On Hindemith's Klaviermusik mit Orchester (Klavier: linke Hand), Op. 29
The recipient was the pianist Paul Wittgenstein (1887-1961), the offspring of an exceedingly wealthy industrial family. The talented pianist had lost his right arm during World War I but was able to continue his career by arranging repertoire works for the left hand and commissioning composers to write works especially for piano left hand. The commission assigned to Hindemith was probably made in late 1922. The latter most likely sensed, however, that his work would seem strange and unusual to Wittgenstein, whose musical background had been formed in turn-of-the-century Vienna. For this reason he attempted to prepare the pianist in a letter accompanying his first packet: "Dear Mr. Wittgenstein, you will be receiving here the last three movements of your piece and I hope that your shock will have abated by the time you peruse the score. It is a simple, completely unproblematic piece and I feel sure that you will enjoy it after a little while (perhaps you will be a bit horrified at first, but that doesn't matter). You will certainly understand the piece, at any rate – in any case of doubt I will always be there to give you precise information."
Hindemith's fears proved well founded: the pianist, who had also obtained exclusive performance rights for performances of Klaviermusik mit Orchester with the purchase of the autograph manuscript, never performed the piece in public – but never gave it to another soloist, either. These performance rights were dissolved upon his death in 1961, but his widow now refused to permit any viewing of the manuscript for decades. It was only after her death in 2001 that the executor entered into sales negotiations with the Fondation Hindemith. Upon examination of the manuscript, however, it became apparent that the musical materials on offer were not the original score, but a copy made by an unknown copyist. Nevertheless, it was possible to confirm the authenticity of the musical text with the help of short-score sketches for the first, third and fourth parts that had been preserved in Hindemith's estate.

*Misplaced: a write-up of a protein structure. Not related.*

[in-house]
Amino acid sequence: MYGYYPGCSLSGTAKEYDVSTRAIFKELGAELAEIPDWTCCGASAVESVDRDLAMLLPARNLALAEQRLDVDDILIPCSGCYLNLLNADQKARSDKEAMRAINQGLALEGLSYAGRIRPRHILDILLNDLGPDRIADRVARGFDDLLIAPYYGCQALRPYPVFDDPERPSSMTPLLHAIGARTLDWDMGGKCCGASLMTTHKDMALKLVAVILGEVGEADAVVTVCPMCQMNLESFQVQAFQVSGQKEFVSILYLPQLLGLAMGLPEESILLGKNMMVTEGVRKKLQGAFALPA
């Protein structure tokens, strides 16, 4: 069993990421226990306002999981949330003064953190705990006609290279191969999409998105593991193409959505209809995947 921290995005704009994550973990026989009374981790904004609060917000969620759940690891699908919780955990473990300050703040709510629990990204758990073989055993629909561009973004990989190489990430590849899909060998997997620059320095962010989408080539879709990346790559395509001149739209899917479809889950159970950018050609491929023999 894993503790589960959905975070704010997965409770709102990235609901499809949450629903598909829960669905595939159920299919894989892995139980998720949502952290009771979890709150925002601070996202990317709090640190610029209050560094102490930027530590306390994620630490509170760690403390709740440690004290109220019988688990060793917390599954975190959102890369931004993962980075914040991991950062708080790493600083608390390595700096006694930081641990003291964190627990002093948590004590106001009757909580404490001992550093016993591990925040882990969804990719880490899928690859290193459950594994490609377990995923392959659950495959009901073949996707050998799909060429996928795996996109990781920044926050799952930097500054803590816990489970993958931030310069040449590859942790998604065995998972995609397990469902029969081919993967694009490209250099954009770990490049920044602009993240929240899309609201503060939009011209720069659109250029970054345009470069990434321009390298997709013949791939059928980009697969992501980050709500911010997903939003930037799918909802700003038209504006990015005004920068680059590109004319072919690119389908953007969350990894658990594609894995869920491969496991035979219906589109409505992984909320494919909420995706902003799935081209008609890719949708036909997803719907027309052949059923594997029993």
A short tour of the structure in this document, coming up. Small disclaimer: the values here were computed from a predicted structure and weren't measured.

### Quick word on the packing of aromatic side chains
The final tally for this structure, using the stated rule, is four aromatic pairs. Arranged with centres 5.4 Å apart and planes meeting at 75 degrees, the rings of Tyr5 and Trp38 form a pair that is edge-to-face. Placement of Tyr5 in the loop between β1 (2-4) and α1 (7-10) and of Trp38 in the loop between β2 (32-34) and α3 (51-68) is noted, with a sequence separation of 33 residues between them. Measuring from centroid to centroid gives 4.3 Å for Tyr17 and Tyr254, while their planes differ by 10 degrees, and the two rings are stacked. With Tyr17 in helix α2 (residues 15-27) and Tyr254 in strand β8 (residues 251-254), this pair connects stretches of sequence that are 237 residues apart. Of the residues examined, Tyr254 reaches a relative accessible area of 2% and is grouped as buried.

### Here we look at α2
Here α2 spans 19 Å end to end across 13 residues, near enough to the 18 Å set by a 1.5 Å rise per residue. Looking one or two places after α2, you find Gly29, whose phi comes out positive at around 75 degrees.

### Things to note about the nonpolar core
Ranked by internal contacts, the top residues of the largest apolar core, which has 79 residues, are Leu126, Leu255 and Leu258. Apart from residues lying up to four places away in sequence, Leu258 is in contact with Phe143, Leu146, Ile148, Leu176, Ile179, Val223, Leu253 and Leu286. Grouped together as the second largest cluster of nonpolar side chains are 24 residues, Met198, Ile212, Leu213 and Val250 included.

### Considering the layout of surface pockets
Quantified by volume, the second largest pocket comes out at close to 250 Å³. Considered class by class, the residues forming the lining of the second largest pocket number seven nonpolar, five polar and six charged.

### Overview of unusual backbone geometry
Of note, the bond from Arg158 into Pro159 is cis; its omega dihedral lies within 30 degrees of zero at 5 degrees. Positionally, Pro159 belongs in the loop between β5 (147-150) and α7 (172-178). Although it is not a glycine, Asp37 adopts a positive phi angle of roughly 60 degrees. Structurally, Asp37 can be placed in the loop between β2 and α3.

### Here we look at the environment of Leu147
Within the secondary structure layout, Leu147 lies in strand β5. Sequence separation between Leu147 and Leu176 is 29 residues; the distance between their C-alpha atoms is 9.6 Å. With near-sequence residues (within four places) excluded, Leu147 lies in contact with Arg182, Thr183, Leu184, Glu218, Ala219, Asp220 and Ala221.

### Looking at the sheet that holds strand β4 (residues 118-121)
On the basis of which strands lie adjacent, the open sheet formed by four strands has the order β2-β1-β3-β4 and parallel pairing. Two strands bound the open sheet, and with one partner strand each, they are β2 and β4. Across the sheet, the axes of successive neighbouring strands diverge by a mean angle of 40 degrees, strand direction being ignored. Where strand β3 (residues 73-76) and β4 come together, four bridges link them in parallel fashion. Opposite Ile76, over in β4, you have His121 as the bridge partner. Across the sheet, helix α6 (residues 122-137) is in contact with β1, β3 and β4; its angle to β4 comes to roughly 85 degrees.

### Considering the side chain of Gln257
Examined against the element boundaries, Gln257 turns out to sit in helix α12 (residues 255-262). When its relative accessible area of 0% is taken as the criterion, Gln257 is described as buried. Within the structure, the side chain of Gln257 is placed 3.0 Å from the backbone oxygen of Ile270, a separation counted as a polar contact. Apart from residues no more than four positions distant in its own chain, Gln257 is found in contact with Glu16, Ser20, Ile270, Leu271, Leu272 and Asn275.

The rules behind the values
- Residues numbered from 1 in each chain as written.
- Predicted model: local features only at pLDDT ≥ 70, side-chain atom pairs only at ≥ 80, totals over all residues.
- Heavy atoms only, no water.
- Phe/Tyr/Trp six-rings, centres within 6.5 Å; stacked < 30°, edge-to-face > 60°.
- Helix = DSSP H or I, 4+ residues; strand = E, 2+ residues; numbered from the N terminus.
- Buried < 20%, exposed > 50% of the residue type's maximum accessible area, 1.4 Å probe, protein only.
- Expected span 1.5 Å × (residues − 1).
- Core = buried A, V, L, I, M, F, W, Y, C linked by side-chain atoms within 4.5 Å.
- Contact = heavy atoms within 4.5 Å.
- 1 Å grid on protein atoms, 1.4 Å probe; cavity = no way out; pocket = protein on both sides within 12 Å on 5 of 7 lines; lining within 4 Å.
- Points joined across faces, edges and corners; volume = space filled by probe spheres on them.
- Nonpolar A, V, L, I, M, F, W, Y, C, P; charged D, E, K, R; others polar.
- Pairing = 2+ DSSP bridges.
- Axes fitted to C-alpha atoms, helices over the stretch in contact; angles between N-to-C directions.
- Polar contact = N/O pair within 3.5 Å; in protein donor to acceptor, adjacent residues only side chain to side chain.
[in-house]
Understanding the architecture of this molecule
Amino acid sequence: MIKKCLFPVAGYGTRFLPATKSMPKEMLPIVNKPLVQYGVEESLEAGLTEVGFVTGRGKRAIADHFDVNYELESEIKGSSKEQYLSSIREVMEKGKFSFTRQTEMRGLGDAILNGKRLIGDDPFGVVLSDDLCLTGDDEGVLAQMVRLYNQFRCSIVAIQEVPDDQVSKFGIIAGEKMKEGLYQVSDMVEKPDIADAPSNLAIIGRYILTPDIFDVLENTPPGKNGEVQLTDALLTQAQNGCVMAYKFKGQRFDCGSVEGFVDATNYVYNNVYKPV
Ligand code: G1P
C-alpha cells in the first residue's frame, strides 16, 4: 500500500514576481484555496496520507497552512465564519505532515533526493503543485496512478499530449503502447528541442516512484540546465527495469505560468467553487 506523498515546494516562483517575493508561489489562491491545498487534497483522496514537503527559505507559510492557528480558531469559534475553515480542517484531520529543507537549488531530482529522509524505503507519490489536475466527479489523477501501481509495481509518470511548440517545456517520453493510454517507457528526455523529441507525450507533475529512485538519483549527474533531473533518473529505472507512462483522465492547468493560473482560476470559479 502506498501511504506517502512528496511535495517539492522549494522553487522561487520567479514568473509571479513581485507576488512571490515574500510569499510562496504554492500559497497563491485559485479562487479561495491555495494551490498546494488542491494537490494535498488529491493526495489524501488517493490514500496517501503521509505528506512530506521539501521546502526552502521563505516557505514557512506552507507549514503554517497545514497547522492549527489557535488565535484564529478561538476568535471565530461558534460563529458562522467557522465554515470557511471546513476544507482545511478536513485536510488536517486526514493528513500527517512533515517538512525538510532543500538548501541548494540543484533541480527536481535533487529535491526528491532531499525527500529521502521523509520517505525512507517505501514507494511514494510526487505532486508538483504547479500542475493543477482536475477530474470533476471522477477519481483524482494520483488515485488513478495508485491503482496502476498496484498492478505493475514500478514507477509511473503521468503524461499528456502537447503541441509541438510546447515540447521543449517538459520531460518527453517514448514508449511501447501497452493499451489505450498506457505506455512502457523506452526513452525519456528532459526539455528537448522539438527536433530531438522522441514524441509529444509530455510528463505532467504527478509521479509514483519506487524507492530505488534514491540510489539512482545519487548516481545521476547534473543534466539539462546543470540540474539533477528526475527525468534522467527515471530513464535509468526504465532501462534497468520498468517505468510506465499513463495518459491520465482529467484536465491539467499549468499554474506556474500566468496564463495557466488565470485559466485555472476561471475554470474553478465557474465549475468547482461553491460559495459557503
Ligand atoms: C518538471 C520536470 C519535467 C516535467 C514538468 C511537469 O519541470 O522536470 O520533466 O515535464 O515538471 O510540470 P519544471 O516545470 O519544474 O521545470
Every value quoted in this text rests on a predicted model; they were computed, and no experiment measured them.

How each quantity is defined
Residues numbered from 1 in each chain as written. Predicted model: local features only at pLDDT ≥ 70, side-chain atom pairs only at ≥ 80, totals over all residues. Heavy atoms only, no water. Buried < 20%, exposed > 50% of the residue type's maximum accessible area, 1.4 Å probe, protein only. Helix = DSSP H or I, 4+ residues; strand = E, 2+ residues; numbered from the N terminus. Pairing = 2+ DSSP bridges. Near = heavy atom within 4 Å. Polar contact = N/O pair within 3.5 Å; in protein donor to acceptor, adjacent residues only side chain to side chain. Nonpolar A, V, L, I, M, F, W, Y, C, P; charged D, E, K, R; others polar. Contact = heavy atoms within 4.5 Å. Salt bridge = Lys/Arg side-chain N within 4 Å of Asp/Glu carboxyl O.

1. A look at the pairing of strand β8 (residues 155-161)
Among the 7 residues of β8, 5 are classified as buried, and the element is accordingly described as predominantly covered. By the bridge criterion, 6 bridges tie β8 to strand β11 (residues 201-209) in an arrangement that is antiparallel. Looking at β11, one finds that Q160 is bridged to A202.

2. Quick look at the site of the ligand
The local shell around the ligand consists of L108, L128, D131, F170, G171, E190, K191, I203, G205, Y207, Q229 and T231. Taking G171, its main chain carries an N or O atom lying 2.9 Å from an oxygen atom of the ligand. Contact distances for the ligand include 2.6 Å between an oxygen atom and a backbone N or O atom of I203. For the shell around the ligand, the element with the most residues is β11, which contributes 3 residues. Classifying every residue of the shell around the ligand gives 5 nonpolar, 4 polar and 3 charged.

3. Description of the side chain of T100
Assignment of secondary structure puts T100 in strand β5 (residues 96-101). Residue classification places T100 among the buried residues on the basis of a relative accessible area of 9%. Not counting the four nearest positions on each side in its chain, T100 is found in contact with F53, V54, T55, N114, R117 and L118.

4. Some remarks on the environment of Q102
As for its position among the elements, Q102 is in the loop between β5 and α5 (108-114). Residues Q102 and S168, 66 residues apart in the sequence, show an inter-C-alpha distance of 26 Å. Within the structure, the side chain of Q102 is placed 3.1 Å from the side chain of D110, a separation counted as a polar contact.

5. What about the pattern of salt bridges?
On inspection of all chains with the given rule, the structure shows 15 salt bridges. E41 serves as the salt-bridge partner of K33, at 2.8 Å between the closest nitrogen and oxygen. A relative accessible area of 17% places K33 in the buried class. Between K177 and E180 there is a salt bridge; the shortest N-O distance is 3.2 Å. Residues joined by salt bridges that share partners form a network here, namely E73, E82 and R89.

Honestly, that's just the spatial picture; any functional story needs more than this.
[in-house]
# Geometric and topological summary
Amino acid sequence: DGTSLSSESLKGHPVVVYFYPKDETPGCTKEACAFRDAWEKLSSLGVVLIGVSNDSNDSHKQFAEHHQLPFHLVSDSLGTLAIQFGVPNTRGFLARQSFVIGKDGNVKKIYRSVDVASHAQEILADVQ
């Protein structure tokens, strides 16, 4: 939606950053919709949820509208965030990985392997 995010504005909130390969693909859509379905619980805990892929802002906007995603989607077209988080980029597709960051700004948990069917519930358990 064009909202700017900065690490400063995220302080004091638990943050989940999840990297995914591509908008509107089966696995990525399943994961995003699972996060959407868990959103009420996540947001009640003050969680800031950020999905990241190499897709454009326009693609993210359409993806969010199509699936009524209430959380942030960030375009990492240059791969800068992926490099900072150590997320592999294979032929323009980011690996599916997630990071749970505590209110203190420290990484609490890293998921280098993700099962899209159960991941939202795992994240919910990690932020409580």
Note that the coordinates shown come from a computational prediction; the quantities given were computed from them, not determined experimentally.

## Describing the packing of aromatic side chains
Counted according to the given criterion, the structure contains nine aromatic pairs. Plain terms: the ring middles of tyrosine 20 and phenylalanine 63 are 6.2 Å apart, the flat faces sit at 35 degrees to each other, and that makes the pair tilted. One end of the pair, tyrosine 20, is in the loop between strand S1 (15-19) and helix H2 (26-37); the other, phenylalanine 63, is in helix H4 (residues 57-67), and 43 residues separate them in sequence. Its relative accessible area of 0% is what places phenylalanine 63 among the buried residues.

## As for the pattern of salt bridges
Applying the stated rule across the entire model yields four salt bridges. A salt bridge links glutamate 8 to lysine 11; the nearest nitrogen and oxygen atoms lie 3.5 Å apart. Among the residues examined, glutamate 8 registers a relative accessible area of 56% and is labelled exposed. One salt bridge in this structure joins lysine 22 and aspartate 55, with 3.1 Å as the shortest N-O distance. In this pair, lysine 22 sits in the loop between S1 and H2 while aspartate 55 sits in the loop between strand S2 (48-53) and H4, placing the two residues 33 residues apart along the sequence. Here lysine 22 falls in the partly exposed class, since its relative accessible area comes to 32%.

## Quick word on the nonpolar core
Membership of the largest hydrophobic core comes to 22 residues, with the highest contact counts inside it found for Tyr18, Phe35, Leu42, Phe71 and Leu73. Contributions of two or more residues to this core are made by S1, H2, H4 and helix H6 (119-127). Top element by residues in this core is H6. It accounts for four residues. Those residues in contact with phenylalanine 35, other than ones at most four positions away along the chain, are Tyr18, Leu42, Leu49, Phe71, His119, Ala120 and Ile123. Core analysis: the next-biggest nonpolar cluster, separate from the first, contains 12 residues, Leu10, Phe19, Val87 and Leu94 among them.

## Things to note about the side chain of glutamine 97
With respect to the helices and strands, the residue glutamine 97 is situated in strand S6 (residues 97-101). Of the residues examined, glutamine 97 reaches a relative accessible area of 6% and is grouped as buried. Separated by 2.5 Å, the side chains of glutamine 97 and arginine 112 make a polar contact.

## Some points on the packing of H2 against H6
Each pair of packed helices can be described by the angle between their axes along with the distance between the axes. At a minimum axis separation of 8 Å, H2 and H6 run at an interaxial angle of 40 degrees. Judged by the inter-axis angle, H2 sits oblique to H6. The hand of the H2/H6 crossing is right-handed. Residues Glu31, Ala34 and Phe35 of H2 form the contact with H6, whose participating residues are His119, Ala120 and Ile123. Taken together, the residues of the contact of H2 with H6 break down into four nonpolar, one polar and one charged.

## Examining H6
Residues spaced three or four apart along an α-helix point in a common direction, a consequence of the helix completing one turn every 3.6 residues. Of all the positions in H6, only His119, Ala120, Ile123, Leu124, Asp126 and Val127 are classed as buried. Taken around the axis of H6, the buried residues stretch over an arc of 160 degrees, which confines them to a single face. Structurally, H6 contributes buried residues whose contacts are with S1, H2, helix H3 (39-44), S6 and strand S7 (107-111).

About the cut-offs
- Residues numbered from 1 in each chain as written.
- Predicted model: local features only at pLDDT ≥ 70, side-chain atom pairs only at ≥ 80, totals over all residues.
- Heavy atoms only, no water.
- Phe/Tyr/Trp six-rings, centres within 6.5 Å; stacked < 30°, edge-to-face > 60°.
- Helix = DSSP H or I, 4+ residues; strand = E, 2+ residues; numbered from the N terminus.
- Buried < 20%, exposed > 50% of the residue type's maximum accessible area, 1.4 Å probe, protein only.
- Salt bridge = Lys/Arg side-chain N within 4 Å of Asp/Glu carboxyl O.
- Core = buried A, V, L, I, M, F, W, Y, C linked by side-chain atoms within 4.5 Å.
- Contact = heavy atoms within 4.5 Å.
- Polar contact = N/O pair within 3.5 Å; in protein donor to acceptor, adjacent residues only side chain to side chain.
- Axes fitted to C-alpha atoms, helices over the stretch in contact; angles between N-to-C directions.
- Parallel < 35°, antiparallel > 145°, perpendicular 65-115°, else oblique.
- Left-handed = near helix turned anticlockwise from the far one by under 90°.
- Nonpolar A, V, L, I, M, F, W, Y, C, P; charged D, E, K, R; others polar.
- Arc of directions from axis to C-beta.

Since the autograph manuscript of the musical materials sent by Hindemith to Wittgenstein in 1923 had to be considered missing, the copy had so far been considered the most important source of the work, which was premiered in December 2004 by Leon Fleisher and the Berlin Philharmonic under the direction of Simon Rattle.
The copy now loses the status of a primary source because, as has become known recently, the autograph musical materials are found in the autograph manuscript collection of the Basle national economist Arthur Wilhelm (1899-1962). It is not so far been possible to ascertain the exact time and circumstances of its acquisition by Arthur Wilhelm. Both autographs are in an excellent state of preservation. Immediately after receiving the two deliveries, Wittgenstein entered numerous fingerings in the score and part. His decision not to play the piece was therefore not premature, but was made following a thorough study of the score.
It is thanks to the transfer of the Arthur Wilhelm Autograph Manuscript Collection, as a deposit, to the Paul Sacher Foundation in Basle, that these autograph manuscript have now been made available for research.